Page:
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 Much was experimental, and there were many wild ideas at these early shows. Some men, like Peter Behrens, saw salvation in the new lattice-work, and his garden was mostly pergola and bordering. Läuger at Mannheim let the plant world retreat into the background, with his basins and statuary. Olbrich at Darmstadt on the other hand borrowed from landscape gardens the idea of coloured plots, and laid out miniature gardens.

At the beginning only effects suitable for an exhibition were produced; but the professionals soon saw that they would be thrust back, little by little, unless they admitted the enemy into their hitherto restricted circle, and unless they joined hands with the architects, both as learners and teachers, complying with their demands and working loyally with them. This volte-face was described in the journal Die Gartenkunst, when in 1906 the editorship passed into new hands, and under the guidance of an open-minded man the controversy was carried on with much struggling and many discussions from both camps, but with less bitter feeling.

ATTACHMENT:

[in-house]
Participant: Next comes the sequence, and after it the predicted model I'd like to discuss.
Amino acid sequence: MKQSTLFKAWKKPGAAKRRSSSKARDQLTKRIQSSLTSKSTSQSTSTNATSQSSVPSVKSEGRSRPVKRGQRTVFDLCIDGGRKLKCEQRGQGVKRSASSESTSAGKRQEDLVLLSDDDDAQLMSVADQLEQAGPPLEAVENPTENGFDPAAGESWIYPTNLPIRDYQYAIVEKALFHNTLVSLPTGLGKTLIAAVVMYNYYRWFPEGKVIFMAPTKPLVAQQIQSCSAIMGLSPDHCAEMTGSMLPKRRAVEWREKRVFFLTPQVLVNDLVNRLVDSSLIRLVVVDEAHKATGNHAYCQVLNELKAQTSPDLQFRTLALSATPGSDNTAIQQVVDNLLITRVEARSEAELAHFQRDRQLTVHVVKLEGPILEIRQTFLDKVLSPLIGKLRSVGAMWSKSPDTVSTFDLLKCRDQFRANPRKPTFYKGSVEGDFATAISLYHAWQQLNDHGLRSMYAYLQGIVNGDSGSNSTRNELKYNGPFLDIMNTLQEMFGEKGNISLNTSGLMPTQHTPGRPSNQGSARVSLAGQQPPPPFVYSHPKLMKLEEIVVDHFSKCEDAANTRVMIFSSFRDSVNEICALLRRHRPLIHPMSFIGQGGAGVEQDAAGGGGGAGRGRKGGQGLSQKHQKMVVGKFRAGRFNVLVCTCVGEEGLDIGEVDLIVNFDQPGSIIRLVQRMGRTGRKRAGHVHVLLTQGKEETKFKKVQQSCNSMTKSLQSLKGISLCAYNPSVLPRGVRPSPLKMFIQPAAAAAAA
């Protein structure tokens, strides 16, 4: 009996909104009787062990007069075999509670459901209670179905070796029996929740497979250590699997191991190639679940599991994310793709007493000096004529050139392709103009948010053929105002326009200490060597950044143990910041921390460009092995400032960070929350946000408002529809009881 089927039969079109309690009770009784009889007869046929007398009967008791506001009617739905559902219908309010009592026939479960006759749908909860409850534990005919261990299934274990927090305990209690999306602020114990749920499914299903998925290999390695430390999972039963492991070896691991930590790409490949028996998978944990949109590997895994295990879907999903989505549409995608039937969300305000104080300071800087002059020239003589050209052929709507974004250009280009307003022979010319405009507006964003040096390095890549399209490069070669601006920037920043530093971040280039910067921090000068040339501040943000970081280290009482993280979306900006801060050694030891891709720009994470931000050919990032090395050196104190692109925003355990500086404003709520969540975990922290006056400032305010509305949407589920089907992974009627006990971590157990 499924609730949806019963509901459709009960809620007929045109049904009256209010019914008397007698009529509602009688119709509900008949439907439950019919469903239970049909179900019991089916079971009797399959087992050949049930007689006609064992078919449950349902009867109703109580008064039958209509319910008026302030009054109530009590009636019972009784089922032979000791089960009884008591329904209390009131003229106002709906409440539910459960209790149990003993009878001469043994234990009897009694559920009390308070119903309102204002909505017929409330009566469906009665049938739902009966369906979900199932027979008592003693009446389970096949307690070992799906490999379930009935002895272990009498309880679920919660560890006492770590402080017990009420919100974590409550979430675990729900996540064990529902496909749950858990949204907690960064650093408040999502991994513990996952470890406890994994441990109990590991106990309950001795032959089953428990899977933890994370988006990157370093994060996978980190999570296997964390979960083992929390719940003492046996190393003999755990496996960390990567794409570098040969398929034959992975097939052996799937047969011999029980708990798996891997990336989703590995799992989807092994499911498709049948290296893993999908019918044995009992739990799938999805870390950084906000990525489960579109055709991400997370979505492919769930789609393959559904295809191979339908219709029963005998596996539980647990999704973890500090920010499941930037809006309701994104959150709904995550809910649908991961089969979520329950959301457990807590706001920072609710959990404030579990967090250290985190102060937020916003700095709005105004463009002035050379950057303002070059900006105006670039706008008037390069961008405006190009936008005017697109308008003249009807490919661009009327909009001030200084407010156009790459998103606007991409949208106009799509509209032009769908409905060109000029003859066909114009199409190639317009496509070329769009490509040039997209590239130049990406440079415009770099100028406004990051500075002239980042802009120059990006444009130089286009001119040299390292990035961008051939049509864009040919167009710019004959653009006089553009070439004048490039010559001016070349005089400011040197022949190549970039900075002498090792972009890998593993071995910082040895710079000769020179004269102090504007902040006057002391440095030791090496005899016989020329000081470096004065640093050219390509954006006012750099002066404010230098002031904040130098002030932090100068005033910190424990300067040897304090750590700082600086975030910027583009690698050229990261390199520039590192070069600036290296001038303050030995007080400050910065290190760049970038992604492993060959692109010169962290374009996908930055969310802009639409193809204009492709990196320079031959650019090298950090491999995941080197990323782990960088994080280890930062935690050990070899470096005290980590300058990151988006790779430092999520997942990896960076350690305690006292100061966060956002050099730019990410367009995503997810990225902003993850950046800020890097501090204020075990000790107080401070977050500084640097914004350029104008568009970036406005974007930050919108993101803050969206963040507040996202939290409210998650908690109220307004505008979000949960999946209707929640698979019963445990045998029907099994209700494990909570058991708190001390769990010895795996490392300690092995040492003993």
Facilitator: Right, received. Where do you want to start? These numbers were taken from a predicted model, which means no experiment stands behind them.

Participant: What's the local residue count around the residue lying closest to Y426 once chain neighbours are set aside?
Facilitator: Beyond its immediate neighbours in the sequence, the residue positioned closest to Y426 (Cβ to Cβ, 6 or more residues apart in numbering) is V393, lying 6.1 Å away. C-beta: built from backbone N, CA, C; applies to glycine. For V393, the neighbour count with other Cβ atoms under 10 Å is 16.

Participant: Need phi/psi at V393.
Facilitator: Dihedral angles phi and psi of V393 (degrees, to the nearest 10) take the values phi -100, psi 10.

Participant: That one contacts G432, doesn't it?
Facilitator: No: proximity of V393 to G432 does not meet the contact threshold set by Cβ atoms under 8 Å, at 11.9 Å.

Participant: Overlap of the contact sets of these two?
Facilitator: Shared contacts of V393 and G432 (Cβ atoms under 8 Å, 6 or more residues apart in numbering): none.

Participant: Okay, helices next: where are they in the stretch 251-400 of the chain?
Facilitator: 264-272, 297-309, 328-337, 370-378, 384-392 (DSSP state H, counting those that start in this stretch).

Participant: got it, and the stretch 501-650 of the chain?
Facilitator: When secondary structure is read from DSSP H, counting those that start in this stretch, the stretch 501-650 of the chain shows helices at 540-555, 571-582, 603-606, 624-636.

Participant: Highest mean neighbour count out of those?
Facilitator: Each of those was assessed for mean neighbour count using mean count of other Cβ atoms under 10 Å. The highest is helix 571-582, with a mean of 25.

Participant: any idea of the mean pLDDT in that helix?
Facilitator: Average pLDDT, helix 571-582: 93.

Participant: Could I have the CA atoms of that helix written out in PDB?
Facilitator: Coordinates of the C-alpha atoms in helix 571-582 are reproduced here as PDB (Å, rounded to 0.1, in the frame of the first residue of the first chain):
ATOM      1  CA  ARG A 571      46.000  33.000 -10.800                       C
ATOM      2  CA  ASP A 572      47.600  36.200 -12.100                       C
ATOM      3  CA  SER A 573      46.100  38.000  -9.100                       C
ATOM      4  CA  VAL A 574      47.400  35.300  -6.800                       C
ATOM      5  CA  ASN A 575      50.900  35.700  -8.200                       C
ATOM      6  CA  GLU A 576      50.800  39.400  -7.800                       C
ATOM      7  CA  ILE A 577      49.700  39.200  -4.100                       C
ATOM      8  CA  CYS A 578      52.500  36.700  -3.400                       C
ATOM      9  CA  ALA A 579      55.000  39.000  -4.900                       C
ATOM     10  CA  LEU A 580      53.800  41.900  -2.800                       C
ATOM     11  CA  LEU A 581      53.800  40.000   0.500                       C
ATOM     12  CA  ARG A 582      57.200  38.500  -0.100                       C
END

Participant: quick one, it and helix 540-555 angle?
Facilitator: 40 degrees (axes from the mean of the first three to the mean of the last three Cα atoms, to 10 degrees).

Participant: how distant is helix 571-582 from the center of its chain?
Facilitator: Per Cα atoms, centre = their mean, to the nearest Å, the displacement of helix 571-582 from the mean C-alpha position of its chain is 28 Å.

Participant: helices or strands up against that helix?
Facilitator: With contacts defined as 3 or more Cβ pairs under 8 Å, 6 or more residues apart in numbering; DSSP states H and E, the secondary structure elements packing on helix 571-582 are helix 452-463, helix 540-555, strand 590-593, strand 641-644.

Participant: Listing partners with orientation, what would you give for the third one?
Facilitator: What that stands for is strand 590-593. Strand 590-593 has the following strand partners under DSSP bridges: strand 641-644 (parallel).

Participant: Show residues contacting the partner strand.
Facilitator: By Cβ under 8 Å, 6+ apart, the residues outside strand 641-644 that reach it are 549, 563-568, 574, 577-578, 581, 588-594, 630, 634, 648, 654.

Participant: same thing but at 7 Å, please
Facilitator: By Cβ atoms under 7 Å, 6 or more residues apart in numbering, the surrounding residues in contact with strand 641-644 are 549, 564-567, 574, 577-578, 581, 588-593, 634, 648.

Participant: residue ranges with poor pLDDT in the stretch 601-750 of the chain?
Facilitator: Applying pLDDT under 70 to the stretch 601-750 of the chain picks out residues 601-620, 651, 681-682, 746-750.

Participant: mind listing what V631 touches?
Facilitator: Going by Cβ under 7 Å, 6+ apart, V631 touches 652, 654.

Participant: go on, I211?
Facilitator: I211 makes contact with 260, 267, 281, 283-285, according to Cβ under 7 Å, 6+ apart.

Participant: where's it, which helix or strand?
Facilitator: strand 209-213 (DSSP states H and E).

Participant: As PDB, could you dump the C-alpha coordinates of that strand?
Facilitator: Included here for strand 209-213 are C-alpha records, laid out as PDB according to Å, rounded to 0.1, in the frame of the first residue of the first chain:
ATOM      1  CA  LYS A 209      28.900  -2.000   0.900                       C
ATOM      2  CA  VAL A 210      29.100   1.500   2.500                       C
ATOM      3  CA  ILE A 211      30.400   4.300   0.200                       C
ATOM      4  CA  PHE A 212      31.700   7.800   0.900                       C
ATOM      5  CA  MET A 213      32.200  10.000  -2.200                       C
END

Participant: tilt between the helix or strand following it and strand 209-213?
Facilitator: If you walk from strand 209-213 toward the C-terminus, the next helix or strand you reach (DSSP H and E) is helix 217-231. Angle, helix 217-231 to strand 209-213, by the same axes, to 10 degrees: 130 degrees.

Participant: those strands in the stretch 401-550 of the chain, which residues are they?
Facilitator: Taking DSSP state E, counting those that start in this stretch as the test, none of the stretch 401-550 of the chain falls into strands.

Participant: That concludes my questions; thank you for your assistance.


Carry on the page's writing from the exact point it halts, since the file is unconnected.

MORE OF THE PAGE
A new generation of young German architects is now busy designing gardens, which will grow to be more and more like the people’s gardens in England. Their style is astonishingly fresh and original. They are mostly from the north and middle parts of Germany, from Hamburg and Bremen, Cologne and Leipzig. They are garden architects. Their knowledge of plants is very thorough, and of quite another sort from that of the architect proper, for they work according to the outspoken maxims of Schuitze-Naumburg, Muthesius, and Olbrich. Their gardens differ from the English in that there is less clipping of hedges. The hedge is not unknown in the work of Gildemeister at Bremen, Leberecht Migge at Hamburg (Fig. 625a), Eneke at Cologne and Grossmann at Leipzig, but it is restrained and is less marked as an architectural feature.